Milwaukee opens public hearings on MPD actions during protests
MILWAUKEE (CBS 58) -- The Milwaukee Common Council opened up public hearings Friday both to look into Milwaukee police tactics during protests and to seek long term structural reform in the department.
Aldermen say the public can voice their opinion to them through the city clerk, as well as report incidents to the Fire and Police Commission, the group tasked with overseeing MPD.
“There will be some great interactions, and there will be some unfortunate ones," Alderwoman Milele Coggs said. "And for those protesters who have bad experiences, we encourage them to let the Fire and Police Commission know.”
Aldermen are concerned about the use of tear gas and rubber bullets on protesters and a video some think shows an officer putting his knee on the back of a man's head during a confrontation at 6th and McKinley Boulevard on Tuesday.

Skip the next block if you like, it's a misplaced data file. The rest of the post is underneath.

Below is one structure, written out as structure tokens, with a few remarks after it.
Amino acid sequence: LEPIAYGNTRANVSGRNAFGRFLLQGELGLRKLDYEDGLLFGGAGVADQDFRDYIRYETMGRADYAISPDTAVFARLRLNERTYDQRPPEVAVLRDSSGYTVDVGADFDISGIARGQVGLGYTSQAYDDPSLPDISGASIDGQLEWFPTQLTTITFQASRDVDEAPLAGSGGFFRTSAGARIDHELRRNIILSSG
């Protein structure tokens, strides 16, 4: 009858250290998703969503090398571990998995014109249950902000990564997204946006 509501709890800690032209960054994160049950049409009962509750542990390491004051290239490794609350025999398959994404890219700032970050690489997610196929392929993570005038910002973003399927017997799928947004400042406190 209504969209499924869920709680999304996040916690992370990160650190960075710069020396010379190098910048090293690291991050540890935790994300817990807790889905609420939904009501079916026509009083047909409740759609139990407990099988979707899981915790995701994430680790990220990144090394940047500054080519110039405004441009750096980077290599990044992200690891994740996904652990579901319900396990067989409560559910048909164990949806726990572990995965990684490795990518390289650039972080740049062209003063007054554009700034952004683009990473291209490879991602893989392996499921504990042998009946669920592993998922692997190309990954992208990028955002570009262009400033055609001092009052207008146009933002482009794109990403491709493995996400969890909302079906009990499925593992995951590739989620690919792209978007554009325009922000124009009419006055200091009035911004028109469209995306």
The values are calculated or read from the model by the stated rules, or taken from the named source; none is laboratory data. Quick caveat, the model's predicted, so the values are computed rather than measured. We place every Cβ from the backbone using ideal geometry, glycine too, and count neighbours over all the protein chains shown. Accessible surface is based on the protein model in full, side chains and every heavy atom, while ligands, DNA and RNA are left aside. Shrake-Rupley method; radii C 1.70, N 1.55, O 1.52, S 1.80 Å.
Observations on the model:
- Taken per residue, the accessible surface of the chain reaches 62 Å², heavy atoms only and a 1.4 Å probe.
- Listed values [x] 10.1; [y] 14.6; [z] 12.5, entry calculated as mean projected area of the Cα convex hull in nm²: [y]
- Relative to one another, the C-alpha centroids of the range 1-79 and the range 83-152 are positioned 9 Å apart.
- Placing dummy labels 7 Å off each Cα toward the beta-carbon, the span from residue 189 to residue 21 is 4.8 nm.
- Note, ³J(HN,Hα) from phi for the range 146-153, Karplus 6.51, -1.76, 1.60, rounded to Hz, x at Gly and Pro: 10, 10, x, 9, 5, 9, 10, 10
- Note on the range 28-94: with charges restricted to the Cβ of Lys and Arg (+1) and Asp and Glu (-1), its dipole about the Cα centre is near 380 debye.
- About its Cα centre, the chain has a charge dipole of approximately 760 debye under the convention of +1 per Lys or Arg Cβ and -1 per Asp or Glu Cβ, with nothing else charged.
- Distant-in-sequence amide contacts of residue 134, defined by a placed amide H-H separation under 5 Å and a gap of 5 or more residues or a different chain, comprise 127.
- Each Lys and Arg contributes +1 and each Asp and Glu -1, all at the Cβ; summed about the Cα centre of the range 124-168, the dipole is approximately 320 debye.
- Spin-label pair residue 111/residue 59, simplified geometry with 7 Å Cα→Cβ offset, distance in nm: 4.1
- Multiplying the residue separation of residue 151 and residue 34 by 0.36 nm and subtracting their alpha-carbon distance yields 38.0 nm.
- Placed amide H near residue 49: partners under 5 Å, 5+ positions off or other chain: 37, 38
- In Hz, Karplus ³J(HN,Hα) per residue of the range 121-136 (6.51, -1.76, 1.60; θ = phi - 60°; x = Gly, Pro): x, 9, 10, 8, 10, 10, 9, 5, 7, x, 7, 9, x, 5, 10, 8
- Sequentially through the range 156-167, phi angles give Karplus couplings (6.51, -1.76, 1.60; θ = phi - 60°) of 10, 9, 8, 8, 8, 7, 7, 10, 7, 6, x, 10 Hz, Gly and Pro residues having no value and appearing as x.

Milwaukee police say they support peaceful protest, but civil unrest turned violent during the night, and they needed to restore order. They mentioned multiple attacks on officers, including one who was shot.
Assistant Chief Michael Brunson said the Major Incident Response Team, which is what people see responding to protests, is there to protect civilians, officers and property. He said it can avoid casualties that cities saw during riots in the 1960's.
“Law enforcement's options at those times were a handgun and a billy club," Brunson said. "There was no coordinated effort to preserve life.”
Mayor Tom Barrett issued an executive order creating a task force to review use of force from MPD and increasing police accountability.
“I honestly think that the underlying issue is, what are the practices that we should have, not only for the protests and the marches, but going forward, what do we need to change.”
Barrett said the task force will submit a report within 90 days.